Ballinger provided architecture, programming, planning, and engineering services in the development of this light-filled learning and research facility that supports Johns Hopkins University’s biology, chemistry, neuroscience, and biophysics departments. The design addressed a 2009 JHU President’s Task Force on Climate Change Report, which called for an aggressive 51% reduction in carbon emissions.
A multitude of sustainability features were woven into the building’s framework. Ballinger’s design placed emphasis on energy efficiency, sustainable site development, and interior environmental quality. The facility is designed to use 50% less energy than similar lab buildings, by employing decoupled neutral air systems, chilled beams, occupancy sensors, high-performance fume hoods, and dual energy wheels that recover heat and moisture from exhaust air. As a result, the project has been recognized with sustainability awards as well as design awards.
As an integrated architecture and engineering firm, Ballinger is proud to be recognized as a leader in sustainable design. This month, Ballinger Associate Principal Brad Crowley will accept a 1st place Technology Award from the American Society of Heating, Refrigerating and Air-Conditioning Engineers at the Annual ASHRAE Winter Conference for the advanced energy-efficient solutions utilized in this building.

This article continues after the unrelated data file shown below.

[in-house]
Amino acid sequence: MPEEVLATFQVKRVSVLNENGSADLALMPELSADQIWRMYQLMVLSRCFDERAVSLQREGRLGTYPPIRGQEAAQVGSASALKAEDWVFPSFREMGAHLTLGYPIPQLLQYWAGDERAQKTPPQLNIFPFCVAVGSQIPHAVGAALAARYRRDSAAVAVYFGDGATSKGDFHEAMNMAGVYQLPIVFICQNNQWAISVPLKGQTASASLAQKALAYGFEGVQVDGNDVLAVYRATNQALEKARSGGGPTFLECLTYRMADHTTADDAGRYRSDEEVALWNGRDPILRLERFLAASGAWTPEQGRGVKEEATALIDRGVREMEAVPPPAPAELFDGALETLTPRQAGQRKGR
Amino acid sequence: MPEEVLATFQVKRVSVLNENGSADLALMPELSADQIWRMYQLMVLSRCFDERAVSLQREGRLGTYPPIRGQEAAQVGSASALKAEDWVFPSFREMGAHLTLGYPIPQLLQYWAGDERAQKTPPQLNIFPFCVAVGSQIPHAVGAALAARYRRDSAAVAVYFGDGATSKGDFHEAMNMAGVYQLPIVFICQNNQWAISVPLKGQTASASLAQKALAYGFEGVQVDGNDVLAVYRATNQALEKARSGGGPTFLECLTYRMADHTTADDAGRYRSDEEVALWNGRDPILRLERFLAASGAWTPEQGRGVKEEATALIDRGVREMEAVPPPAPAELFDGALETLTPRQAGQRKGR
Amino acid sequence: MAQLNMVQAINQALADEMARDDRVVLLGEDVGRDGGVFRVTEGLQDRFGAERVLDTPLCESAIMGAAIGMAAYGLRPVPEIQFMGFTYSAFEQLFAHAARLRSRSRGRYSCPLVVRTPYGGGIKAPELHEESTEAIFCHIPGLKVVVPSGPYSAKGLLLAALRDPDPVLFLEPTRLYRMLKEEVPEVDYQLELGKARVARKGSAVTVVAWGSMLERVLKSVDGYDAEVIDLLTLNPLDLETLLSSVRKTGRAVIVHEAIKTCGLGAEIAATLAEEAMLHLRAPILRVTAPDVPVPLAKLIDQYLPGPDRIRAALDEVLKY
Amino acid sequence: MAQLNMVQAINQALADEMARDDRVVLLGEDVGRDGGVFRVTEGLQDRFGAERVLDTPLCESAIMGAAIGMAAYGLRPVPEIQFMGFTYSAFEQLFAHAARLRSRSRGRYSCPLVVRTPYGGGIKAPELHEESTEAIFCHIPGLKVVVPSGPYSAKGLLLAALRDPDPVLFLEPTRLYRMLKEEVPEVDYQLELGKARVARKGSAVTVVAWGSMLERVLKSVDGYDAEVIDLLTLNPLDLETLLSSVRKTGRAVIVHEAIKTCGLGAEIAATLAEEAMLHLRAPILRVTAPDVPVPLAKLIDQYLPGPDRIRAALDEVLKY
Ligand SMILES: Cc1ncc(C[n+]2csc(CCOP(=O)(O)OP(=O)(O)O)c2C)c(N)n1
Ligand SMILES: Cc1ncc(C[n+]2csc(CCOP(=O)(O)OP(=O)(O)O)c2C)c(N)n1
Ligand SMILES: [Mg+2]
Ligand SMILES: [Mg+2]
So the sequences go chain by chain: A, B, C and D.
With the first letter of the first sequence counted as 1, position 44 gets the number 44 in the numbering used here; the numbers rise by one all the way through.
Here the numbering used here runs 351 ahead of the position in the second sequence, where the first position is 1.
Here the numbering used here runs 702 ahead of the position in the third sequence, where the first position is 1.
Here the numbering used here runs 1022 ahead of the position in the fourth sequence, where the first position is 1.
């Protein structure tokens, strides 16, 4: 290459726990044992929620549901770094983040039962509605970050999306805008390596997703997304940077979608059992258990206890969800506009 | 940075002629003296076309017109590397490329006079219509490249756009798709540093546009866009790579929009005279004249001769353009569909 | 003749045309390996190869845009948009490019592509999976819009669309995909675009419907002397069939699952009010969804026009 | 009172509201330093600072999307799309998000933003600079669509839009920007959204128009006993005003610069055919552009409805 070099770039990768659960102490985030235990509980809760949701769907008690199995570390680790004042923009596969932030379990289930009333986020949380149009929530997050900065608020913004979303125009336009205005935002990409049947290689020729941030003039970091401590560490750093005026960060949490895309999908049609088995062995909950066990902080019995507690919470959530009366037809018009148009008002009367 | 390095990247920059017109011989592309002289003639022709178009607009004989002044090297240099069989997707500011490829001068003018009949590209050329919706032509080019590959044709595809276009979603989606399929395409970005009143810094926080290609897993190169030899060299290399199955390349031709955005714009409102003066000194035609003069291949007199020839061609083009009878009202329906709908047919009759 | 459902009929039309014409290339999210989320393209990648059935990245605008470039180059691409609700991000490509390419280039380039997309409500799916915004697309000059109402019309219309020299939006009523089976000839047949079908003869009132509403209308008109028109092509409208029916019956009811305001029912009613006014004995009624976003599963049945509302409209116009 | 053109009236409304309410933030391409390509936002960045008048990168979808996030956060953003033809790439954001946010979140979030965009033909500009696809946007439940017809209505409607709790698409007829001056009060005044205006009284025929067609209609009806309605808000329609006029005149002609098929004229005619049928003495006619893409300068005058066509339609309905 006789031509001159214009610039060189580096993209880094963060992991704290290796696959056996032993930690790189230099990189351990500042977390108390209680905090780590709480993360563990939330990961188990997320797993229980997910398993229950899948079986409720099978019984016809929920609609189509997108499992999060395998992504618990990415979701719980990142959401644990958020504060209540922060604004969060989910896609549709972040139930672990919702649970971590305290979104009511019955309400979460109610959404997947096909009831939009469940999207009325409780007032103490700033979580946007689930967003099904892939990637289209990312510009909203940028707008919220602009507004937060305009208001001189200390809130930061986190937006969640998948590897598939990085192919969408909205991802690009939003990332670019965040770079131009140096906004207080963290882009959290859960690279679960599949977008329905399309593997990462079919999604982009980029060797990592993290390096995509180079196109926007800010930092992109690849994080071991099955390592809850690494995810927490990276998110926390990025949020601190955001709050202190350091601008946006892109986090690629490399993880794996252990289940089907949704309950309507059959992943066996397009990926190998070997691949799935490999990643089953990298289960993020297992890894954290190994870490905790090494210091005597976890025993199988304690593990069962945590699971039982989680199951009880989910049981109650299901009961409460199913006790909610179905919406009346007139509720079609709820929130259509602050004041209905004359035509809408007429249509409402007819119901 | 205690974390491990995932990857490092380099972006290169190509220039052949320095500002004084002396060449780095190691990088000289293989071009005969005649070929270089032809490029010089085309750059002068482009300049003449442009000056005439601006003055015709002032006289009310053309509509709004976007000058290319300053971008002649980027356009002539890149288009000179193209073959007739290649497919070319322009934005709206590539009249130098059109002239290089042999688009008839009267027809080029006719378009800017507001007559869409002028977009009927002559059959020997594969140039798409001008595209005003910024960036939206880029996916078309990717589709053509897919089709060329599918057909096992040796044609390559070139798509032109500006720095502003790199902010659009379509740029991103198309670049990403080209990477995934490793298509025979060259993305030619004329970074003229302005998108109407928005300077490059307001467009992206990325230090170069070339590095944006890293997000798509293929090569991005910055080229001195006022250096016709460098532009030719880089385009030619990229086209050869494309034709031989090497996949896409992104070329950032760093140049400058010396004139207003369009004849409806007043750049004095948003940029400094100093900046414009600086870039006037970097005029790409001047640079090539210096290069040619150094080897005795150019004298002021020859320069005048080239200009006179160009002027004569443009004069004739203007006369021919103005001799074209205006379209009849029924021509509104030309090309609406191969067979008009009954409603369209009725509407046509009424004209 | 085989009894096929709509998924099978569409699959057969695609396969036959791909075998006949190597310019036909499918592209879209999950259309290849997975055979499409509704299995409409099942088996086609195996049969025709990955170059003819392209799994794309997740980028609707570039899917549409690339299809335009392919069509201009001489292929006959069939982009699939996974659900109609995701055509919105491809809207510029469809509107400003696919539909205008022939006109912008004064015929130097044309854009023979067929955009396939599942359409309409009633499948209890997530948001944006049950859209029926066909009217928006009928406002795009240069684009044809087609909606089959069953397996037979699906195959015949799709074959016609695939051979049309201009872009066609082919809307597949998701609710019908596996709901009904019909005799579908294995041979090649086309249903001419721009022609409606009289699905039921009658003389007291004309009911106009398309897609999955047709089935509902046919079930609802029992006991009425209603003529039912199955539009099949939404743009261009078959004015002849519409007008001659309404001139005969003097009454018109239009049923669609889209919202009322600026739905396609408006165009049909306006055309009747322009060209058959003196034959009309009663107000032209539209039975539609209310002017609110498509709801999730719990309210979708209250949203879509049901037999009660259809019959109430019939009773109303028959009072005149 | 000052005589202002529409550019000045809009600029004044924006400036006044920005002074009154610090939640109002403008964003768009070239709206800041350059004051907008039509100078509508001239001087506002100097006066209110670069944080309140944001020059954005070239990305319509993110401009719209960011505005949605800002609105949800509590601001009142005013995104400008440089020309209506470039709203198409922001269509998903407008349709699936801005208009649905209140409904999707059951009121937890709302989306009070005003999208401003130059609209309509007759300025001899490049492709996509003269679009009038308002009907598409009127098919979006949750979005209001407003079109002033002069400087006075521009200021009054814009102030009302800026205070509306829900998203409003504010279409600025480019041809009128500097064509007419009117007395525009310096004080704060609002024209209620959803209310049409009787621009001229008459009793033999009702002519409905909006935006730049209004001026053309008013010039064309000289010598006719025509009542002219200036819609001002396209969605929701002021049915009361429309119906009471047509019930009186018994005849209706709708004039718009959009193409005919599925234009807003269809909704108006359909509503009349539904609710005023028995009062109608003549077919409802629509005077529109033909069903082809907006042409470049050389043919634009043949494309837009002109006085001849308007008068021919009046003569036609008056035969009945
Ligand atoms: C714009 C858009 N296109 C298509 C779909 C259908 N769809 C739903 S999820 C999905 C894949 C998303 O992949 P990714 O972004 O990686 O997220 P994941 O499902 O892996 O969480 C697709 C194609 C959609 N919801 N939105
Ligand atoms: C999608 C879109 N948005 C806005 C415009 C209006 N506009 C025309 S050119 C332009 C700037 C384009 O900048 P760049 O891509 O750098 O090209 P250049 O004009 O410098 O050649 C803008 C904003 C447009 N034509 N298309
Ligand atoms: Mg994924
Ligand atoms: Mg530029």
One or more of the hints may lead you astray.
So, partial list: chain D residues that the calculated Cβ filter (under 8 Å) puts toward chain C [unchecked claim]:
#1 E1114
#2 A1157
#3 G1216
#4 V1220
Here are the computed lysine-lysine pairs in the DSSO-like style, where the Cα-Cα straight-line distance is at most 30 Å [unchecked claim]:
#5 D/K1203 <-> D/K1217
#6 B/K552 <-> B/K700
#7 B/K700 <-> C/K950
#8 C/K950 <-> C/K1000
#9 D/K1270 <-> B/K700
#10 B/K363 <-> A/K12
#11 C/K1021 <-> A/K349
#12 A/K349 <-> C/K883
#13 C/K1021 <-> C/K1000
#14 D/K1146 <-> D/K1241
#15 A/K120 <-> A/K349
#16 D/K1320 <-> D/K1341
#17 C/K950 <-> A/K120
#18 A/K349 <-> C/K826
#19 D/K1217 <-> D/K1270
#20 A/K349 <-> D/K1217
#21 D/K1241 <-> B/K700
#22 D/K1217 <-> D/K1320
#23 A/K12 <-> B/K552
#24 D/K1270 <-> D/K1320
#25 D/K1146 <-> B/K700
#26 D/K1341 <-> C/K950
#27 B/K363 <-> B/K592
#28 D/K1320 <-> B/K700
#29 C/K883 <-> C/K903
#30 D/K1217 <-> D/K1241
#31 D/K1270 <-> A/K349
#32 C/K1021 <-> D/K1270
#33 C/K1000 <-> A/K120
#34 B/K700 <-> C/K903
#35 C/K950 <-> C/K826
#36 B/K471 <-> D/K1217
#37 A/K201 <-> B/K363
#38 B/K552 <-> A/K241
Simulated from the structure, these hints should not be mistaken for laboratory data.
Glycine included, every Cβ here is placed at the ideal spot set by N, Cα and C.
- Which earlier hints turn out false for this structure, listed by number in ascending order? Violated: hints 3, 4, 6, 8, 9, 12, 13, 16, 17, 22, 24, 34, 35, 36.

Ballinger’s design for the new Undergraduate Teaching Laboratories at Johns Hopkins University won first place from the 35th annual ASHRAE Technology Awards in the category of New Educational Facility. Each year, the American Society of Heating, Refrigerating and Air-Conditioning Engineers recognizes firms whose innovative designs have provided solutions to the comfort, air quality, and energy efficiency goals of their clients.